Occupants in the spacious second row have plenty of leg room and space across the pew but miss out on air vents or USB ports. It does, however, have a 12-volt outlet, map pockets in the seat backs and decent bottle storage. The high window line means small kids will struggle to see out.

The big boot can swallow 551 litres of cargo, increasing to 1248 litres with the second row stowed. This is better than rivals like the Hyundai Tucson (488 litres). The boot isn’t particularly long, but it is deep, so heavy items need to be lifted up and over the tailgate lip rather than sliding in flat. It has a tyre repair kit instead of a full-size spare wheel.


On the road

Powering the Korando is a 1.5-litre turbo-charged petrol engine delivering 120kW/280Nm – similar outputs to the turbo Tucson (130kW/265Nm) and Honda CR-V (140kW/240Nm). Acceleration is decent from a standing start, and while there is a hint of turbo lag, it picks up the pace quickly, proving that it’s no slouch. It’s not as responsive as the Mazda CX-5 2.5-litre turbo and loses some momentum on steep ascents. The six-speed automatic by Japanese transmission specialist Aisin is excellent, producing smooth shifts and driving the front wheels only.

The 10.7-metre turning circle is tighter than some rivals and makes manoeuvring in tight streets easy. Aside from a hint of wind noise, the cabin is well insulated.

Dynamically, the Korando performs well, with the McPherson-strut front and multi-link rear suspension setup ensuring it remains balanced in tight bends, with little body roll. It trails the CX-5 and Subaru Forester in this area but it’s hardly embarrassed. Sport mode firms up the steering and ups throttle response, increasing the fun factor.

Some light wheel spin was detected accelerating out of a corner, but the Korando remained composed on gravel. The ride is comfortable, soaking up lumps and bumps without fuss. Steering is weighted on the heavier side and feels a little dull off centre.

SsangYong’s official fuel figure is 7.7L/100km and we recorded 10.7L/100km.


The verdict

Performs better than some established rivals and is excellent value for money, but questions remain over brand’s future.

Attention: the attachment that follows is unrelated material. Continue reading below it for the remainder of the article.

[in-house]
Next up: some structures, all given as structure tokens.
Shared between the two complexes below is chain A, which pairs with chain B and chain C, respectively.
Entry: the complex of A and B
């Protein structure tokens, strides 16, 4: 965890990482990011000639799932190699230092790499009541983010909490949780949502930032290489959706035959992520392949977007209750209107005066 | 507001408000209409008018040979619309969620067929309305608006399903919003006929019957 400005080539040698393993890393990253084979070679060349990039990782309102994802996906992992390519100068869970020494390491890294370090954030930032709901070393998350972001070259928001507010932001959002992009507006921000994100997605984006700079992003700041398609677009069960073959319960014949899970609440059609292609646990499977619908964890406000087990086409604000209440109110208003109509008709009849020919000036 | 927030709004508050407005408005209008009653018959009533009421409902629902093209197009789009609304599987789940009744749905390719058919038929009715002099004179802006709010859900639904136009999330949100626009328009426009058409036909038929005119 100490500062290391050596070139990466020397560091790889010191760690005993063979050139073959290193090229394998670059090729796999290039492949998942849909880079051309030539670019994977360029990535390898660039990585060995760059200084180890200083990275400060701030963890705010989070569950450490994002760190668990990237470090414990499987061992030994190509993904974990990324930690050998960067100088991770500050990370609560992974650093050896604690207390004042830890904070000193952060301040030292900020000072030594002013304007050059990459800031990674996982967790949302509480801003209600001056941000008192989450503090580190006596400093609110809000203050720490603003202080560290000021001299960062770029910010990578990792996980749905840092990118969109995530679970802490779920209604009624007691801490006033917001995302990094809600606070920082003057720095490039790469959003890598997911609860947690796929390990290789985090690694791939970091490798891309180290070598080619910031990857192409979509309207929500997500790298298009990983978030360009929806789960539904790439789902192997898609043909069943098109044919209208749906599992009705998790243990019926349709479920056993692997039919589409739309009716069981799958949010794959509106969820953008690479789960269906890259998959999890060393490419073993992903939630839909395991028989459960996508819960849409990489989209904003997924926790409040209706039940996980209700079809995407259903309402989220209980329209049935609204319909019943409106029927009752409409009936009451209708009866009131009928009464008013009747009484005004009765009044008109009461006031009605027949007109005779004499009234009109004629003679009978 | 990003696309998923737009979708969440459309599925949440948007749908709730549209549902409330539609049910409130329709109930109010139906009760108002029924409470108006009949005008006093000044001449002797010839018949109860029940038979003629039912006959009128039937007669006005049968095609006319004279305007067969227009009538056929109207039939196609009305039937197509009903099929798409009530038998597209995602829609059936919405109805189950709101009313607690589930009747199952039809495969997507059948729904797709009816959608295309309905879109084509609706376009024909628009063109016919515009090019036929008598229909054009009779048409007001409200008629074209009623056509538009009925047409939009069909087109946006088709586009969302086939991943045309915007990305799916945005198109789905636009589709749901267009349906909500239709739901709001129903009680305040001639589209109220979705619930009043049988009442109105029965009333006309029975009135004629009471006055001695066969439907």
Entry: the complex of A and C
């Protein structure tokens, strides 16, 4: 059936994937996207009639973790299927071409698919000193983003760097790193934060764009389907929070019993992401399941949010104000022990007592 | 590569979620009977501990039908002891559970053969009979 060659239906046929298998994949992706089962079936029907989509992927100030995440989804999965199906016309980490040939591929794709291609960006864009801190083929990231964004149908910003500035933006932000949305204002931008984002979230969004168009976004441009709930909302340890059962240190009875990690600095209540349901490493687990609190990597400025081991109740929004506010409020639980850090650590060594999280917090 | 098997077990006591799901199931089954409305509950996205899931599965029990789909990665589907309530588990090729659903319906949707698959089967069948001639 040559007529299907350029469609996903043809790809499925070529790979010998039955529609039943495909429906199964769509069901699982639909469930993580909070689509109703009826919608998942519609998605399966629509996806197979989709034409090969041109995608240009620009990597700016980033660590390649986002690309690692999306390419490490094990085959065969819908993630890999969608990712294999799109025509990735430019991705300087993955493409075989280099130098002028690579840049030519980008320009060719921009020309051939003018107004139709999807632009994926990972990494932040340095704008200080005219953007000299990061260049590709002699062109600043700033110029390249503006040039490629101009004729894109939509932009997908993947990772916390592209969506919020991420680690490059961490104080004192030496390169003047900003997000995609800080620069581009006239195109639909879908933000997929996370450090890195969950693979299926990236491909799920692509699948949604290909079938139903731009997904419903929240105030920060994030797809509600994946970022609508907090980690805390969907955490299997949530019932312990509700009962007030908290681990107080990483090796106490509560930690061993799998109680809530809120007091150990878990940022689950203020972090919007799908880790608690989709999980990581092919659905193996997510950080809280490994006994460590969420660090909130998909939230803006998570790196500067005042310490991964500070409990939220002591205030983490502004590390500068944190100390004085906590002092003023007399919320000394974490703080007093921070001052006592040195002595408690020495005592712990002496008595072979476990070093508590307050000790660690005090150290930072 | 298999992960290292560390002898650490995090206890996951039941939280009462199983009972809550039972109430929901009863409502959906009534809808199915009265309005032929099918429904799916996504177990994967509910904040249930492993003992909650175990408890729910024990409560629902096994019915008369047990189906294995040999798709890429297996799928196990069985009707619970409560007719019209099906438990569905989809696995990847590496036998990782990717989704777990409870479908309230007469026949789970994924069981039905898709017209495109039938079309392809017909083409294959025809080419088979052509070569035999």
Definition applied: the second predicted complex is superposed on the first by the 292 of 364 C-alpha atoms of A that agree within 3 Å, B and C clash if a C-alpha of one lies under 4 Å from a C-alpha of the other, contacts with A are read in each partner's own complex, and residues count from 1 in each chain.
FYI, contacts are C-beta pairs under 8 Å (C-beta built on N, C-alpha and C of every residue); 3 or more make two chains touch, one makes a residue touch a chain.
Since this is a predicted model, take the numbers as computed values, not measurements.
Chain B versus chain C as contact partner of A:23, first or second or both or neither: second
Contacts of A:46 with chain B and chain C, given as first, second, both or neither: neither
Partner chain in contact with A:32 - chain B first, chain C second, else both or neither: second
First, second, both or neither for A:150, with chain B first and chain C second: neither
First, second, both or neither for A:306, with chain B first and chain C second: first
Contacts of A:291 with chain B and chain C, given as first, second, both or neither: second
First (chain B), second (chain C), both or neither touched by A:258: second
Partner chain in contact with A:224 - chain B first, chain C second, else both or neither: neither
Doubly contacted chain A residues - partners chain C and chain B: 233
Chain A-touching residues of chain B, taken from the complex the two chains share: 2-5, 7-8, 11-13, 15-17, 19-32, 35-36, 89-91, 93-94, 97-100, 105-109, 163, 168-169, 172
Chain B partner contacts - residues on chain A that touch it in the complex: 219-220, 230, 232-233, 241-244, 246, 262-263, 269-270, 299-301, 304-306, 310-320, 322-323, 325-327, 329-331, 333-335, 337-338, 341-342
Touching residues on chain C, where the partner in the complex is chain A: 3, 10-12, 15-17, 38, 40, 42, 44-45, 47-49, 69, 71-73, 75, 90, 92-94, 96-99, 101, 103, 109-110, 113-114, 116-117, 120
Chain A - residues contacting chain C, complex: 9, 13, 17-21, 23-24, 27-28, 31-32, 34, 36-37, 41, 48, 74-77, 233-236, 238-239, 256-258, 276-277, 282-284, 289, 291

SsangYong Korando Ultimate


List price: $36,990 driveaway.
Price as tested: $36,990 driveaway.
Model range: $26,990 to $39,990 driveaway.


1.5-litre four-cylinder turbocharged petrol engine, six-speed automatic transmission, front-wheel drive.
Power: 120kW@5500rpm.
Torque: 280Nm@1500-400rpm.
Wheels: 235/50 R19.


95 RON petrol, 47-litre tank.
Consumption: 7.7L/100km (government test), 10.7L/100km (RACV test).
Emissions: 179g/km CO2 emissions.

Standard safety

Five-star ANCAP safety rating, seven airbags, autonomous emergency braking, lane-keep assist, forward-collision warning, lane-departure warning, blind-spot detection, adaptive cruise control, lane-centre following assist.

Standard features

Eight-inch touchscreen, Apple CarPlay/Android Auto, six-speaker audio, heated front/rear leather seats and cooled front seats, heated leather steering wheel, dual-zone climate control, full-colour 10.25-inch LCD instrument cluster, projector levelling headlights.


Seven-year/unlimited-kilometre warranty. Seven-year capped-price servicing plan. Service intervals every 15,000 kilometres or 12 months.

  • BYD Sealion 6

    2024 BYD Sealion 6 review

    The BYD Sealion 6 is a plug-in hybrid family electric SUV capable of achieving a range of over 1000km if the battery is kept recharged. Can it outshine the Toyota RAV4 Hybird and Mitsubishi Outlander PHEV in the medium SUV segment?
  • Kia EV9 GT-Line

    2024 Kia EV9 GT-Line review

    The Kia EV9 GT-Line is an exceptional family SUV that stands out in every measure. It's a comfortable seven seat vehicle with fully electric propulsion and realistic battery size that delivers over 500km range.